Technology, audience habits and our new attitude to money have changed how buying decisions are made. While consumers still respond to offers and deals, any significant purchase starts with online research.
Would you buy a car without test driving or at least going to see it? Well, 75% of decisions to buy a car start online, 99% end in face-to-face. In fact AutoTrader data shows we’ll spend over ten hours online choosing the right car.
The same applies to all major purchases, furniture, home improvements, holidays, mortgages and pensions. The principle applies to B2B purchasing decisions too.
It all adds up to the buyer being better informed and knowing the specification of their purchase before speaking to the firm that will supply it.
In online marketing terms, search, social media, websites, pay per click, remarketing and email all have a role to play in bringing that customer closer to buying from you. These are the channels through which someone interested in what you have, travels from curiosity to giving you a real life buying signal.
At the core of this process is content. Valuable, engaging and relevant content.
Without content, these channels are empty vessels that fail to fuel the knowledge driving your new customer’s decision-making. So you can see why take content creation is taken so seriously. Content is personal. Compare a Dan Brown novel to one by Charlotte Bronte.
The first is a page turner (you can’t put it down), the second like sweet music. Well to me anyway. To showcase what your business has to offer, content is created with a personality that resonates with your customers. So it is easy to see how Marketing Managers start the process internally.
Surely your customer facing teams know exactly how to speak to your customers. Right?
Every company has a unique selling point. That thing you do best. Or it’s your brand that is so clearly different from your competitors.
Investing time on making sure you have this absolutely right is the core value of your head of marketing, not spending time crafting the content to represent it.
Hiring a team to produce your content allows you to deliver the best possible strategy and go to market approach. To test your view of the customer. To carry out analysis of the gap between what you think the customer values and what they really value. To get to know your customers and articulate how they want to be sold to.
Invest your time in being absolutely clear about what your clients are searching for online and what they need to find in order to choose to buy from you.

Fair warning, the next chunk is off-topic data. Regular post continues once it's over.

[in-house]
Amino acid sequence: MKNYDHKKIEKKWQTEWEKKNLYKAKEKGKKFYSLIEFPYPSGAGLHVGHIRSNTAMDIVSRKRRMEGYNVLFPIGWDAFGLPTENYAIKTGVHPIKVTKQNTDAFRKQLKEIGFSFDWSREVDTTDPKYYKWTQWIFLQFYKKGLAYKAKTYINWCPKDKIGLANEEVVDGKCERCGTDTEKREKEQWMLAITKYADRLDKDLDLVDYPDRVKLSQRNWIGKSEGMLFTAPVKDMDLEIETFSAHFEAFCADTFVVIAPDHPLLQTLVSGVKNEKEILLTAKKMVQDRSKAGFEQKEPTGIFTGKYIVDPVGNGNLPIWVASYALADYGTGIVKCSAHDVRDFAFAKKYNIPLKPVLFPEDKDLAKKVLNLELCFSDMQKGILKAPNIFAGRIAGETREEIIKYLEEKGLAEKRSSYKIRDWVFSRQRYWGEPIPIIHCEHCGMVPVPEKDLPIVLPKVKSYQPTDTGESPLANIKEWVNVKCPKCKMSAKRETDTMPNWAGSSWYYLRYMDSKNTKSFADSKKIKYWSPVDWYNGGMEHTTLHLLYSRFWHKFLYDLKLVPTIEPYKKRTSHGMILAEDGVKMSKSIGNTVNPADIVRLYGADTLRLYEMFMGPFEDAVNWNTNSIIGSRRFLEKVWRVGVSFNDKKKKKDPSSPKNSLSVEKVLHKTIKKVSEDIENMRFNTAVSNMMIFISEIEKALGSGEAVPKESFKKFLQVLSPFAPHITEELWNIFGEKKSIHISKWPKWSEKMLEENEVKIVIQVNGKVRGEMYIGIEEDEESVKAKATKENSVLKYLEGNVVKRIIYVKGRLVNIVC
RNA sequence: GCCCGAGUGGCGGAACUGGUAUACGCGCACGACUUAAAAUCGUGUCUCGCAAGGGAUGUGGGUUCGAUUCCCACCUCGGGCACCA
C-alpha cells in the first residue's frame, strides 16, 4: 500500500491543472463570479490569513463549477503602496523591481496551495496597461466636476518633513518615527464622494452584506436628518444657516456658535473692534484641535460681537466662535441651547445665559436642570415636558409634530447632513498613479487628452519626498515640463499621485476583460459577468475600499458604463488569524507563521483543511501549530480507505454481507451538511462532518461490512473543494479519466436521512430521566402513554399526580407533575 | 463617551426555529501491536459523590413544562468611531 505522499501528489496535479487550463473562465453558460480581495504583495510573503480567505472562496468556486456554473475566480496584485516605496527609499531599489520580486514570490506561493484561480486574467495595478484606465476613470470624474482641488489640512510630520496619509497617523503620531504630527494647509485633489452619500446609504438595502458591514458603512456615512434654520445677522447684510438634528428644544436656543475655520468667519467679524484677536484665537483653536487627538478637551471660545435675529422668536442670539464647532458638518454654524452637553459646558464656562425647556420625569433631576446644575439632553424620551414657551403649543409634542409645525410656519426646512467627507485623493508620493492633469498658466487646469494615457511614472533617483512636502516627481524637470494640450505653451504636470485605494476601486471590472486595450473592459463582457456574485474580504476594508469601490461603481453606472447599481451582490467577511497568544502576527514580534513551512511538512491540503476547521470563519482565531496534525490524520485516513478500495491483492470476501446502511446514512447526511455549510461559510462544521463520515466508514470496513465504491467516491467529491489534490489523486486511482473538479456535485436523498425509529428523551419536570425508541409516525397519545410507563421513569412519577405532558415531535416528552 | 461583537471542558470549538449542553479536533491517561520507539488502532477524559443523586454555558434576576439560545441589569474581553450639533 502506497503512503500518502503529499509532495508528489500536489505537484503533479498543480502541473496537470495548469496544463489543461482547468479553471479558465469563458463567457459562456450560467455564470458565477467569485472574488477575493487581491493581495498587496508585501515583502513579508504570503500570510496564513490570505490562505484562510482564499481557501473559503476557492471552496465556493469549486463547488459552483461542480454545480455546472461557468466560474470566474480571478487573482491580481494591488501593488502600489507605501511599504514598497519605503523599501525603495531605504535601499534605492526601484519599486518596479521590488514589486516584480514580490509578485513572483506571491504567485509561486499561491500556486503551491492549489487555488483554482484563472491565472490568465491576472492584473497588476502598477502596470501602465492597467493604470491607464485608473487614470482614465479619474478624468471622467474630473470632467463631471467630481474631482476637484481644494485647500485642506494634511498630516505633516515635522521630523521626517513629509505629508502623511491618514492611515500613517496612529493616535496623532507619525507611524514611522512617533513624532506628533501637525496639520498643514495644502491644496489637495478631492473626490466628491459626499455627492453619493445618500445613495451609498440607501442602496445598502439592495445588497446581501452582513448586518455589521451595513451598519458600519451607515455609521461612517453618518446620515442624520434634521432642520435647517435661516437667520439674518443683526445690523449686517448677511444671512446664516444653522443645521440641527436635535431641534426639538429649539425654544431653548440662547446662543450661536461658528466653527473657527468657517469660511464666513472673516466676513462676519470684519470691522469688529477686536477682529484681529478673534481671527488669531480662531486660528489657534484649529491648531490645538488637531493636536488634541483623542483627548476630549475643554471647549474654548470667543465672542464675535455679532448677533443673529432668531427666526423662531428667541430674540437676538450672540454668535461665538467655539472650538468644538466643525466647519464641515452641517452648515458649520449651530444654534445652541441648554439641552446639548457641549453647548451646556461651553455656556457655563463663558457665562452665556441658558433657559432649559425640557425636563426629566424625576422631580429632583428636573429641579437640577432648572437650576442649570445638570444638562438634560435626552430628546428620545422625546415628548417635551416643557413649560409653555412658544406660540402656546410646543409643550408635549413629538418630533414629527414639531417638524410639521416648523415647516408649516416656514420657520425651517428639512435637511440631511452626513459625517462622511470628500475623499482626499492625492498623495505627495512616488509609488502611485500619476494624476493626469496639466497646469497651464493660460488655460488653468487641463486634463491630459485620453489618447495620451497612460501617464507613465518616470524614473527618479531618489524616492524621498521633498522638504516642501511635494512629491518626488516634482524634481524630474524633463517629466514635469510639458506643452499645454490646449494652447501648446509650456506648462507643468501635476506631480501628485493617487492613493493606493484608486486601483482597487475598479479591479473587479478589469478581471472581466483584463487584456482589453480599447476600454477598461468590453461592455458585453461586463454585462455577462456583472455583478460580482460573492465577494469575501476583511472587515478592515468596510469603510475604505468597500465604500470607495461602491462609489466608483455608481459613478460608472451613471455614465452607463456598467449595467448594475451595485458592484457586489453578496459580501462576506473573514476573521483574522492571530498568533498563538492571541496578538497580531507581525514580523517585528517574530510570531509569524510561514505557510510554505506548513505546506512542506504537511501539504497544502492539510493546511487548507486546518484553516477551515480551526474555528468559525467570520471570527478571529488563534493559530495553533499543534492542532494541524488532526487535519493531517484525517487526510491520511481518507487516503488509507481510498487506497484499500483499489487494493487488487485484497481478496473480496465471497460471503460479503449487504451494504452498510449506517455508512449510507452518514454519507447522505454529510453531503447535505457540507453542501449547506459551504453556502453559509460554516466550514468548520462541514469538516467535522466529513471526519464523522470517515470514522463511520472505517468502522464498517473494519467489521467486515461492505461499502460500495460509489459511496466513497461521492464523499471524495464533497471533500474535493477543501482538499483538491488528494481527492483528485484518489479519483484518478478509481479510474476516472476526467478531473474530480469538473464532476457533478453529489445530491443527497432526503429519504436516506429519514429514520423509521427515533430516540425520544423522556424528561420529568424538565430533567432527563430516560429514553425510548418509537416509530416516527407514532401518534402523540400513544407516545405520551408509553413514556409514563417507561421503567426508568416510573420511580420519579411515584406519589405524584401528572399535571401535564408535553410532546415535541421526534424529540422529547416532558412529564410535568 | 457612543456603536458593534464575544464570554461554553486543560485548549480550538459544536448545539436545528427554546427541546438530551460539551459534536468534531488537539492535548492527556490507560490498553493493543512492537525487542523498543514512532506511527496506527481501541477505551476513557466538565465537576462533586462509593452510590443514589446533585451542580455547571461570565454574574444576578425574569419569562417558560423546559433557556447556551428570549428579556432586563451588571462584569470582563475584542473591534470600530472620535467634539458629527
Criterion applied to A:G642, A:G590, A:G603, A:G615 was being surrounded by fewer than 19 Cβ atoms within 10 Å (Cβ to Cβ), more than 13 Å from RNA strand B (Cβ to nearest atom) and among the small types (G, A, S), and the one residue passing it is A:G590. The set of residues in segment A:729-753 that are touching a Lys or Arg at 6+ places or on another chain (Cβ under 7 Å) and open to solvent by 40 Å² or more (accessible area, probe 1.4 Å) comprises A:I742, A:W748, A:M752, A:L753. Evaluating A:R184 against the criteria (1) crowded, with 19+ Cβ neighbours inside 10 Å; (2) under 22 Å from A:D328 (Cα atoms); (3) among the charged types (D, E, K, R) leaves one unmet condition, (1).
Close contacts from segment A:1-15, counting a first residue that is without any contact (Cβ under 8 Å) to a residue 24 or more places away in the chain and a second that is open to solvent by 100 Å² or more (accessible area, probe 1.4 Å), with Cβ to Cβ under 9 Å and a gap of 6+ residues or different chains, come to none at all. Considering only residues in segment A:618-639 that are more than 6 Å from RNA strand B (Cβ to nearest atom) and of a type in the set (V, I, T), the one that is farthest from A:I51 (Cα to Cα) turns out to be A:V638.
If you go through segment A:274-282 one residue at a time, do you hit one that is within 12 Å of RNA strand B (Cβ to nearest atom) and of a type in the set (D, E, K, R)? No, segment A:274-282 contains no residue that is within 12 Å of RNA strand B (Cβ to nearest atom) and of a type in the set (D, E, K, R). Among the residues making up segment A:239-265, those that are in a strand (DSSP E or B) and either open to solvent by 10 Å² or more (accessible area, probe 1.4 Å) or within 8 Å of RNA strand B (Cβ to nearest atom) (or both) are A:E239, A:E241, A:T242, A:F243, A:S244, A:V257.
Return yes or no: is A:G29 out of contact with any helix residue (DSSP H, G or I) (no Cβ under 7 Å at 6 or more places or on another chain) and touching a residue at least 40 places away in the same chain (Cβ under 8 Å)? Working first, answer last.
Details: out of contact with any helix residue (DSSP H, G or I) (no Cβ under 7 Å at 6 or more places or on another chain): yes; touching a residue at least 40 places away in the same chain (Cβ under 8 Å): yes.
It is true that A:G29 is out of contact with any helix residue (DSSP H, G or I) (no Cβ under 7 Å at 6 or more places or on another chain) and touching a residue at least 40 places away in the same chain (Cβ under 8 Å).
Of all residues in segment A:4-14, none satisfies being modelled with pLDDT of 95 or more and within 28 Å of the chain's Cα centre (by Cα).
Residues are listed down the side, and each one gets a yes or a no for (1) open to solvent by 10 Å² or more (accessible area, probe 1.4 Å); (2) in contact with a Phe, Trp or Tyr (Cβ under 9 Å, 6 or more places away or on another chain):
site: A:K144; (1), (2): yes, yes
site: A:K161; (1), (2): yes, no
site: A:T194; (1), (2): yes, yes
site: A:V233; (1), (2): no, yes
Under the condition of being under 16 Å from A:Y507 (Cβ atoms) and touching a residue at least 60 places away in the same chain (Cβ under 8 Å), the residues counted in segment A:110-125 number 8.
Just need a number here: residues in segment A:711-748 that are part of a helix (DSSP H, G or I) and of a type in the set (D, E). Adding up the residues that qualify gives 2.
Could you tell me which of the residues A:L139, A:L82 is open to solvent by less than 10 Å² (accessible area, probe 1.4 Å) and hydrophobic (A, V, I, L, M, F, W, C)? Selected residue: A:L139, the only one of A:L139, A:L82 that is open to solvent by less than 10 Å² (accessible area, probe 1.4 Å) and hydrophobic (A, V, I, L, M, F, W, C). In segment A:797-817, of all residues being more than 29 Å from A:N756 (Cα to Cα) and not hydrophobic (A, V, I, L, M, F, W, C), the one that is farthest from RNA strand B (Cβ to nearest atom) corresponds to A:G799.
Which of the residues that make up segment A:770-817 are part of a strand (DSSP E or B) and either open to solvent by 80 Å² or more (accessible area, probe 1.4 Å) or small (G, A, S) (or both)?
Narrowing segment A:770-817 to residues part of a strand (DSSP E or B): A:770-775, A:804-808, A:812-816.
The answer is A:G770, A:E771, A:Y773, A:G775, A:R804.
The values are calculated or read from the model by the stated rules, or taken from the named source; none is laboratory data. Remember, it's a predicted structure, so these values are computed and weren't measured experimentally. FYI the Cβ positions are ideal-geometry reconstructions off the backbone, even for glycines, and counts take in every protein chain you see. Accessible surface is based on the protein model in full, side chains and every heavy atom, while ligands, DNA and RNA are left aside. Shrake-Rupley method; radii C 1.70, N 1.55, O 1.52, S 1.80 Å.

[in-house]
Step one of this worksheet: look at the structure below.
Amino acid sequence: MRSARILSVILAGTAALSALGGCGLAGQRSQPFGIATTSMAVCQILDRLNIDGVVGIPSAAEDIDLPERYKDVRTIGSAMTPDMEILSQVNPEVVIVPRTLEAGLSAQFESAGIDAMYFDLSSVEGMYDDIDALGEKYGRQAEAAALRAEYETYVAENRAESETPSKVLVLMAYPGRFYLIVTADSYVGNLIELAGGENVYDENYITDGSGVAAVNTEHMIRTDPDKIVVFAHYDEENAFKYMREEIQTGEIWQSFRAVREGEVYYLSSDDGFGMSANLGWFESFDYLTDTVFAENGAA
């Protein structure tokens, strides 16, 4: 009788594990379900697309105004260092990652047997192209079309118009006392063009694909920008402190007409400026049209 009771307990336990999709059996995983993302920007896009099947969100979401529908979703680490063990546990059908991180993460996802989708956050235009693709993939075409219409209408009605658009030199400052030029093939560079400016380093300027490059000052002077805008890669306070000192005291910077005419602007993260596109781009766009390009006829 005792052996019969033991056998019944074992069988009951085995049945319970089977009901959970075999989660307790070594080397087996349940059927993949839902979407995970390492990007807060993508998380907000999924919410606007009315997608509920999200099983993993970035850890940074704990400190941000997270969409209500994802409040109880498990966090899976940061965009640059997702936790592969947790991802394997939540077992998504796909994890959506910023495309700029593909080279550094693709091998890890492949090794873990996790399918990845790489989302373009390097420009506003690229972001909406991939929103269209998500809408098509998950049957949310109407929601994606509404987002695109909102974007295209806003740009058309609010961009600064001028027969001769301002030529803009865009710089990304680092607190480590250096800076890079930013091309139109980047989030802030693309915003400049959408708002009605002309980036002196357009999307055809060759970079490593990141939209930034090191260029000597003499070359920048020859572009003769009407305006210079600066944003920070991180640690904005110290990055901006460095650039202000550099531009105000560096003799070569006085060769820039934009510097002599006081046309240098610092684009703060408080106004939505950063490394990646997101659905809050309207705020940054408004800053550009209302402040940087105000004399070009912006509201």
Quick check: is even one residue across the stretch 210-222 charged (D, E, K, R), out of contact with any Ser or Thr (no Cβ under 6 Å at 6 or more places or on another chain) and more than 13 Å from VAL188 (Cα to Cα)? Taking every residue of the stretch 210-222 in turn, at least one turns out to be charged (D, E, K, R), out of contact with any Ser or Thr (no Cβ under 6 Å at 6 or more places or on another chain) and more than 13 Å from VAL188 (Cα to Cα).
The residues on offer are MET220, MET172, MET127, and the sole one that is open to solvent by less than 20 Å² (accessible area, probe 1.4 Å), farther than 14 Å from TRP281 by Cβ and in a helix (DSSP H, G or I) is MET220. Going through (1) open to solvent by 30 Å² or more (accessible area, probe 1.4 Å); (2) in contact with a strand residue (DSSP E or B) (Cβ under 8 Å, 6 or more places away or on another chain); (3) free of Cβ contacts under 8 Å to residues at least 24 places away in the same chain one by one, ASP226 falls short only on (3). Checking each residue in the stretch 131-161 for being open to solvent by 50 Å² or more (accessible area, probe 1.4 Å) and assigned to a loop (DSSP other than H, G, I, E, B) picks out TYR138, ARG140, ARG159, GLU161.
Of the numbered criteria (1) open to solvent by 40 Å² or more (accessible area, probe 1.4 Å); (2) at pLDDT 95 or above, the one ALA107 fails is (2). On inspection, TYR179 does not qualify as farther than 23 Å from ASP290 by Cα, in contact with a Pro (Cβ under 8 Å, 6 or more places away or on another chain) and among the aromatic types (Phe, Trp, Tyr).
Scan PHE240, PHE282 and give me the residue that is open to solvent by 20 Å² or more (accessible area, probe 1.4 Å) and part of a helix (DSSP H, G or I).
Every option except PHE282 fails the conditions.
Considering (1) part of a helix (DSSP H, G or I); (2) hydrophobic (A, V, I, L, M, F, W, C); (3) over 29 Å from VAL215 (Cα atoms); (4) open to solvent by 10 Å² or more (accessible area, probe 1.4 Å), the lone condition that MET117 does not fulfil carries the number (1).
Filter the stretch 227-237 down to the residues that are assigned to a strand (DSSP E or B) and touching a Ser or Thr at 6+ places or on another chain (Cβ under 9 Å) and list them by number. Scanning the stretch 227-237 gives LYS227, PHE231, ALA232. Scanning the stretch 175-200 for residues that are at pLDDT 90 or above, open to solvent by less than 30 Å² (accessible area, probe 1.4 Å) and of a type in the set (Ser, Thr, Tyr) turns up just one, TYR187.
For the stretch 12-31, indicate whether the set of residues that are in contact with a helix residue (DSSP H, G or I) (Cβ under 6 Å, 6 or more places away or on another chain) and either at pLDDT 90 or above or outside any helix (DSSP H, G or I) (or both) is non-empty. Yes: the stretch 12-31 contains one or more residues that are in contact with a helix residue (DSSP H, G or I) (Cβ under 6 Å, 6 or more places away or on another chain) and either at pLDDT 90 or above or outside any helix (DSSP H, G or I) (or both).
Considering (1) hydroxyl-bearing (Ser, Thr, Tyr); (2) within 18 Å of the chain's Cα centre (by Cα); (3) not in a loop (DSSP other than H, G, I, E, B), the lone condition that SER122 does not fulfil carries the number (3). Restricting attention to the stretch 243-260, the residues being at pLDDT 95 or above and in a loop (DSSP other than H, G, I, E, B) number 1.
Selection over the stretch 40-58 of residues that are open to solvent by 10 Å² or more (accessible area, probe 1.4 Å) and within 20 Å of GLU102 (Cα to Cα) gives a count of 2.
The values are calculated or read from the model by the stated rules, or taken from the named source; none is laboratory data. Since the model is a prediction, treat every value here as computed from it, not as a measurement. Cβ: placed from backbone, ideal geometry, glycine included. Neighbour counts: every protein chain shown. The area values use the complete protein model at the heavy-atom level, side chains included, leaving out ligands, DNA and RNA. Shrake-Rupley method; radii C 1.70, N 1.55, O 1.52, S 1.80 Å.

Then leave the production of quality content to someone else. And let me emphasise that a little more. It is a production line. Not like an old Model T Ford. More like a precision Tesla X. Breathtakingly beautiful crafted outputs; consistently shipped on time and to budget. Leaving you the space to focus on the big stuff, like strategy and all those fires that need to be put out.
There is an economic value to outsourced content production.
Yes, you have to find budget for it. But compare the cost of a well produced and edited 90 second video and the expense of providing your own filming facilities. Do you have an in house actor too and skilled script editor? And what about the post-production software, mixing images, sound and music together? What will it cost to have all of those facilities?
The same applies for writing. Let’s say you hire a permanent writer. What does the recruitment process cost? If you recruit from an agency, you have fees too. Hiring from within means training costs. What do you pay them and how do you decide on a bonus?
You may also have someone earning a wage when they don’t have to produce content all of the time. Or worse still in my experience, the poor scribe that has to write about the same thing day in, day out. They eventually lose the sparkle, their creativity wains and then you’re just left with another pen pusher.
All this and we still haven’t touched on flexibility. What happens when you need lots produced at once and then long periods of nothing at all. How expensive do your in house resources look now?
That’s why successful marketers leave the “how” to the people with the skills and resources and they focus on the “what” that their customers want.
Author: Simon Ryan
How can we help!